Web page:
Catholic schools in the Diocese of Orange are undergoing a technological transformation.
In some grade levels of every elementary school and in all high schools, every student is equipped with either an iPad, Chromebook or laptop that they have access to both in the classroom and at home through the one-to-one program.
But Greg Dhuyvetter, superintendent of schools, says that integrating technology into education is not the most important goal.
“What I care about is effective education and technology is one of the many tools that’s doing this,” says Dhuyvetter. “The idea here is that the device is a student’s tool. Whether it is for taking notes, creating, or researching information, that the student has the device available whenever it best fits the need of what they are doing.”
About four years ago, Dhuyvetter and his staff dedicated themselves to implementing the one-to-one program, one device for each student, in all the Diocese of Orange schools by the beginning of the 2015 school year, a goal that was met last fall.
Dhuyvetter says the Diocese of Orange is the perfect size for programs like this; with only 41 schools, teachers and administers are easily able to communicate and work together. Additional staff within the diocese with technology expertise also is part of the collaborative process.
In addition to the one-to-one program, the diocese has the capability to provide Wi-Fi in all the schools in order to support online access for the devices on campus. A content filter was also implemented to restrict access to questionable websites and content. Each of the schools has the ability to recommend adjustments to the filter for their own school or for a particular grade level. In addition, every school uses Common Sense Media, a program that teaches students responsible use of technology.
“Of course nothing is 100 percent so some of it comes down to good judgment, which is taught through the Common Sense Media program,” says Scott Gotreau, director of educational technology at the diocese. “But we also manage student devices at each school site so that they can’t access certain programs and get into things they shouldn’t be using.”
Heather Ambler, a fifth- and sixth-grade language arts and religion teacher at St. Polycarp School in Stanton, finds that having technology as a tool in her classroom helps her hone in on each student’s progress. She uses IXL, a program that includes problems for students to solve and instantly tells them if it is correct. If not, the program explains the correct answer. It also offers medals for high scores and certificates to the teacher for their classroom completing a certain number of problems. The program also sends the teacher data on each student’s progress, which allows her to instantly know when each child needs additional instruction.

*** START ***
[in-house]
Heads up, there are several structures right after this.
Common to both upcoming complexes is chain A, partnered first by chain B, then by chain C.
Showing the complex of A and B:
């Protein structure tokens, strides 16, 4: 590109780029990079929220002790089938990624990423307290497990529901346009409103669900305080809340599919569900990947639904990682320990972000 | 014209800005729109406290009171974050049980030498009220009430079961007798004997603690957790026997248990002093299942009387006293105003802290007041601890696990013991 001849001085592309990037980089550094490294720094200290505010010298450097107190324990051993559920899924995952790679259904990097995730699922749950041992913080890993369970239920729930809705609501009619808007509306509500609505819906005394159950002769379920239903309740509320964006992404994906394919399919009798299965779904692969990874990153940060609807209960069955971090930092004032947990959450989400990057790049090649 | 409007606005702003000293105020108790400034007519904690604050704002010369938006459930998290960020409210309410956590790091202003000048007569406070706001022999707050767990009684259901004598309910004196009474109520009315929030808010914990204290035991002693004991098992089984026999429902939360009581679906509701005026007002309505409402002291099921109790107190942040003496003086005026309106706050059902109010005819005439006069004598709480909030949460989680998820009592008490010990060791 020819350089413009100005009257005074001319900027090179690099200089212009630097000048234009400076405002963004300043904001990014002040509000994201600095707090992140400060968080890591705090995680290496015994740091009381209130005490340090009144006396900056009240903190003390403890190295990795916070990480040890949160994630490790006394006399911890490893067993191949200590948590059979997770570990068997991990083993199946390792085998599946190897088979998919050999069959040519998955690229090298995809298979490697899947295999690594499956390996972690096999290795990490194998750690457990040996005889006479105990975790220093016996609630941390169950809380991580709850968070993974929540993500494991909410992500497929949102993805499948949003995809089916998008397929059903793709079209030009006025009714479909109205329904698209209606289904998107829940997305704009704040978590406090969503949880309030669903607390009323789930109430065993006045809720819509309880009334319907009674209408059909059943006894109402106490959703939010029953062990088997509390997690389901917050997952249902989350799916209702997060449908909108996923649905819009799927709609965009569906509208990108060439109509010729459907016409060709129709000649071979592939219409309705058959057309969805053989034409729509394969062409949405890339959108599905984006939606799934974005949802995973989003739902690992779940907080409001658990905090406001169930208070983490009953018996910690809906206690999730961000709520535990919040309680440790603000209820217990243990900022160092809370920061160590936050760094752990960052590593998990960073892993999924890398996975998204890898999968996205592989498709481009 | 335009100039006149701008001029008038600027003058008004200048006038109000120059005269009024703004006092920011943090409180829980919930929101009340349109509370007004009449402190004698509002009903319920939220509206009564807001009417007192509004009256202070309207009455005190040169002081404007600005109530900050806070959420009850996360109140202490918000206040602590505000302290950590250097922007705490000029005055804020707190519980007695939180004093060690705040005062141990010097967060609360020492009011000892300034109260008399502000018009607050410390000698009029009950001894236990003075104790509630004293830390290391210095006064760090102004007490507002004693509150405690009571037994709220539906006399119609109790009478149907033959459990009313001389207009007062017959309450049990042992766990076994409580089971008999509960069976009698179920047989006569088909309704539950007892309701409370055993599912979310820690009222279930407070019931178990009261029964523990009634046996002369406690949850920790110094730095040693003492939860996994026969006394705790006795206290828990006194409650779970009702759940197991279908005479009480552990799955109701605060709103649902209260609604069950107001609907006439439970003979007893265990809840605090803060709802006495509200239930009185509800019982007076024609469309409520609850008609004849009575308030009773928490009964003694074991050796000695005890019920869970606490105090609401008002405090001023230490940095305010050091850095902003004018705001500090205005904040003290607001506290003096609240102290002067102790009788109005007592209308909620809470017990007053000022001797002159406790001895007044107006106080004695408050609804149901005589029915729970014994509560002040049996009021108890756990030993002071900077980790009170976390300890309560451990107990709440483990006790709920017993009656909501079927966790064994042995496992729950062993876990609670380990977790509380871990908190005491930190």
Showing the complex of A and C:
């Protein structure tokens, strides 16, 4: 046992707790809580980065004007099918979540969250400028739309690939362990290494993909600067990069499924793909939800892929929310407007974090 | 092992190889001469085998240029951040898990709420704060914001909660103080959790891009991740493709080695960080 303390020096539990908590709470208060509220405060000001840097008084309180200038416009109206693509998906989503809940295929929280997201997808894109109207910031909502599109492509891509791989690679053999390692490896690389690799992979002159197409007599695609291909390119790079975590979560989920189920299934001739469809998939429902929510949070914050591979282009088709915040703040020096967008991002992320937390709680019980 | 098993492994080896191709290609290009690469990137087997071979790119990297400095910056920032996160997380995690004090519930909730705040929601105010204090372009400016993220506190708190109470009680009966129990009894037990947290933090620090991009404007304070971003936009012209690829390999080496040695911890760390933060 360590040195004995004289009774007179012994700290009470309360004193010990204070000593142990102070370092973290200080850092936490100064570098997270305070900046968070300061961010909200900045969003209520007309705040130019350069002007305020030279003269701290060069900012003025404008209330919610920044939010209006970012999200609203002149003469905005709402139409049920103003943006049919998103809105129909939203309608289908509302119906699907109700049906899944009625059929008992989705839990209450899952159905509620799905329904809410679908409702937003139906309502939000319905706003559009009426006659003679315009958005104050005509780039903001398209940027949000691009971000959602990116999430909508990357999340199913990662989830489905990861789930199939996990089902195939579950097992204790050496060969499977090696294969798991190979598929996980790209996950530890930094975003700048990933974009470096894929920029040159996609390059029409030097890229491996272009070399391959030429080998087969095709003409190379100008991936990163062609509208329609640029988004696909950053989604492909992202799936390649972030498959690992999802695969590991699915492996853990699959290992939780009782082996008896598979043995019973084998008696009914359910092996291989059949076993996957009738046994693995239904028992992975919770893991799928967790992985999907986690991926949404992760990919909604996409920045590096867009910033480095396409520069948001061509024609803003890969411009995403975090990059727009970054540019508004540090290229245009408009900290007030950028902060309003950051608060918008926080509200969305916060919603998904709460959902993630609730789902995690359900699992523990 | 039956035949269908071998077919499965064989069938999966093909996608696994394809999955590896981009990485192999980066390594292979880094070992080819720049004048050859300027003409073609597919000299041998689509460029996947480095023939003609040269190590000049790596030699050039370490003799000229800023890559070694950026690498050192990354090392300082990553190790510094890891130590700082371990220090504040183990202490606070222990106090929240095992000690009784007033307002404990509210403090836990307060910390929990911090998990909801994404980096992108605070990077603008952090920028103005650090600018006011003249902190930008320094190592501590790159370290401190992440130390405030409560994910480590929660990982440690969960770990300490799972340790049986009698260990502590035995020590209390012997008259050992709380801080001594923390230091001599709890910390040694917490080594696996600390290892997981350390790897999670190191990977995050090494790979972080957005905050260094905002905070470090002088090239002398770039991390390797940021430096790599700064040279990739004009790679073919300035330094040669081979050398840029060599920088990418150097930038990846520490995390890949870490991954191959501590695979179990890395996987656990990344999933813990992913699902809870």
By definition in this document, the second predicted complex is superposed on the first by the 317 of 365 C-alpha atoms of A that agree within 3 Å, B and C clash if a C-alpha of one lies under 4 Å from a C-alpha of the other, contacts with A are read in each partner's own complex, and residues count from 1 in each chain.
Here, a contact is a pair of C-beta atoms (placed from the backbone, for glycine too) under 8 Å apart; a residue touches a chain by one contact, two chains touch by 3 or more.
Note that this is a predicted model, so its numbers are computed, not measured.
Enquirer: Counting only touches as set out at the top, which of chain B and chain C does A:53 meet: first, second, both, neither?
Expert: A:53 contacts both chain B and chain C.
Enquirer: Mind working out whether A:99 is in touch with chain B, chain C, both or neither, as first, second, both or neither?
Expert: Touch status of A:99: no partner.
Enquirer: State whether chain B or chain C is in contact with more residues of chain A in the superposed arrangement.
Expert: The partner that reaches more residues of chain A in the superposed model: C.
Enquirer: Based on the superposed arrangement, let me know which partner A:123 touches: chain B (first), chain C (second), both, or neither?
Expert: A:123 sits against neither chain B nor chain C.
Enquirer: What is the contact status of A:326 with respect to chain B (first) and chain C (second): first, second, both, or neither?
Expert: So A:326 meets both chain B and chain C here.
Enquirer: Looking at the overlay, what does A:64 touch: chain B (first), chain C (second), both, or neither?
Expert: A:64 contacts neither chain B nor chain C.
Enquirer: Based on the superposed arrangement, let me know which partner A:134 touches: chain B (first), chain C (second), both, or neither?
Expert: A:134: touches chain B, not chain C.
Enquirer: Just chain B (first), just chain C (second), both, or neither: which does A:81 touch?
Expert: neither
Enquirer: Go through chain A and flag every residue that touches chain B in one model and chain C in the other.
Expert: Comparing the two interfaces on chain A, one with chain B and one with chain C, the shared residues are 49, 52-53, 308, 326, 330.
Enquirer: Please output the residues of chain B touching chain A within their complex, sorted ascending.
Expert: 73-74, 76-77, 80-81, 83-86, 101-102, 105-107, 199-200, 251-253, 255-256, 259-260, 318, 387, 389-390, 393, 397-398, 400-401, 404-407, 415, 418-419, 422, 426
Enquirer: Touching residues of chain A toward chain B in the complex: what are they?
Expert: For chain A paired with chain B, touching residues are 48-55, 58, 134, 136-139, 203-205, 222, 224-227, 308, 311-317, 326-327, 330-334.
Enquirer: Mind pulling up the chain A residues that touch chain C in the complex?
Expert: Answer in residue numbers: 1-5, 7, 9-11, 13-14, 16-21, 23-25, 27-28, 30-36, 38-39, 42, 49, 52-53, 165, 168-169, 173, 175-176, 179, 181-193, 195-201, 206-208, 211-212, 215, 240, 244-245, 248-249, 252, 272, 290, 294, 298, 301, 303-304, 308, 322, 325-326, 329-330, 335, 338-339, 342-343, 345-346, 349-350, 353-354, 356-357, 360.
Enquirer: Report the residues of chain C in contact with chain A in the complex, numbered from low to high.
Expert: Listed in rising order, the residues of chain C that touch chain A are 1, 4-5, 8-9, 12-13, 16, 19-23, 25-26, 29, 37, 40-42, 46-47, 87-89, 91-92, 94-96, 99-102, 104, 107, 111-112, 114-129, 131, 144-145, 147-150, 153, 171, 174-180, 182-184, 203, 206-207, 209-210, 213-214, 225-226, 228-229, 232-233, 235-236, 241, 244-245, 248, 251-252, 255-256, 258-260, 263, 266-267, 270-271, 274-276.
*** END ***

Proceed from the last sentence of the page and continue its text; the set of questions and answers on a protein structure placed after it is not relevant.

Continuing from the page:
“I no longer have to wait two weeks until I grade a test to know that a student is struggling in an area,” says Ambler. “I’m able to focus on what the child really needs.”
Cynthia Garcia, an eighth-grade student at St. Anne’s School in Santa Ana, enjoys the convenience of using her iPad to access Google Classroom and Notability to complete her assignments. Google Classroom is a paperless system designed for students and teachers to discuss learning materials with each other and has a feature for students to submit their assignments.
“It makes it easier to communicate with my teacher,” says Garcia. “I can easily complete my assignments and send it right back to my teacher. If I have a question and she’s online, she’s able to answer. Or if she’s not online, I can post the question on the classroom page and if one of my classmates is online typically someone will respond to it.” She also enjoys using programs like iMovie and Keynote to create presentations for special projects.
“I think that the iPad offers a lot of different apps and different resources that we can use which make learning a lot faster and easier,” says Garcia.
Kelly Botto, a seventh- and eighth-grade teacher at St. Anne’s and also the school’s technology coordinator, is excited about integrating technology into education.
“One of the things that I love about it as a teacher is that there’s no more excuses that they couldn’t complete their assignment because they left their book at home,” says Botto. “They can access their book not just on their iPads but also on their phone or their computer at home.” She says that next year her school is considering using only e-books, which should lighten students’ backpacks and also make school texts more accessible for students.
Botto adds, “I think that what I’ve been able to see with them since we started one-to-one, is that it helped me aid them in growing and strengthening their critical thinking skills and creativity.”
“The idea is that teachers should have a tool box in which the technological tools should be in the tool box but not the only thing in there,” Dhuyvetter says. “You can do an awful lot with a tablet or a Chrome Book or a laptop, but if I were to say that’s the only thing that you’re ever allowed to use we would be losing a lot of education. The idea is this is just one more tool that they have to be able to use to be functional in our society and it makes their learning experiences better.”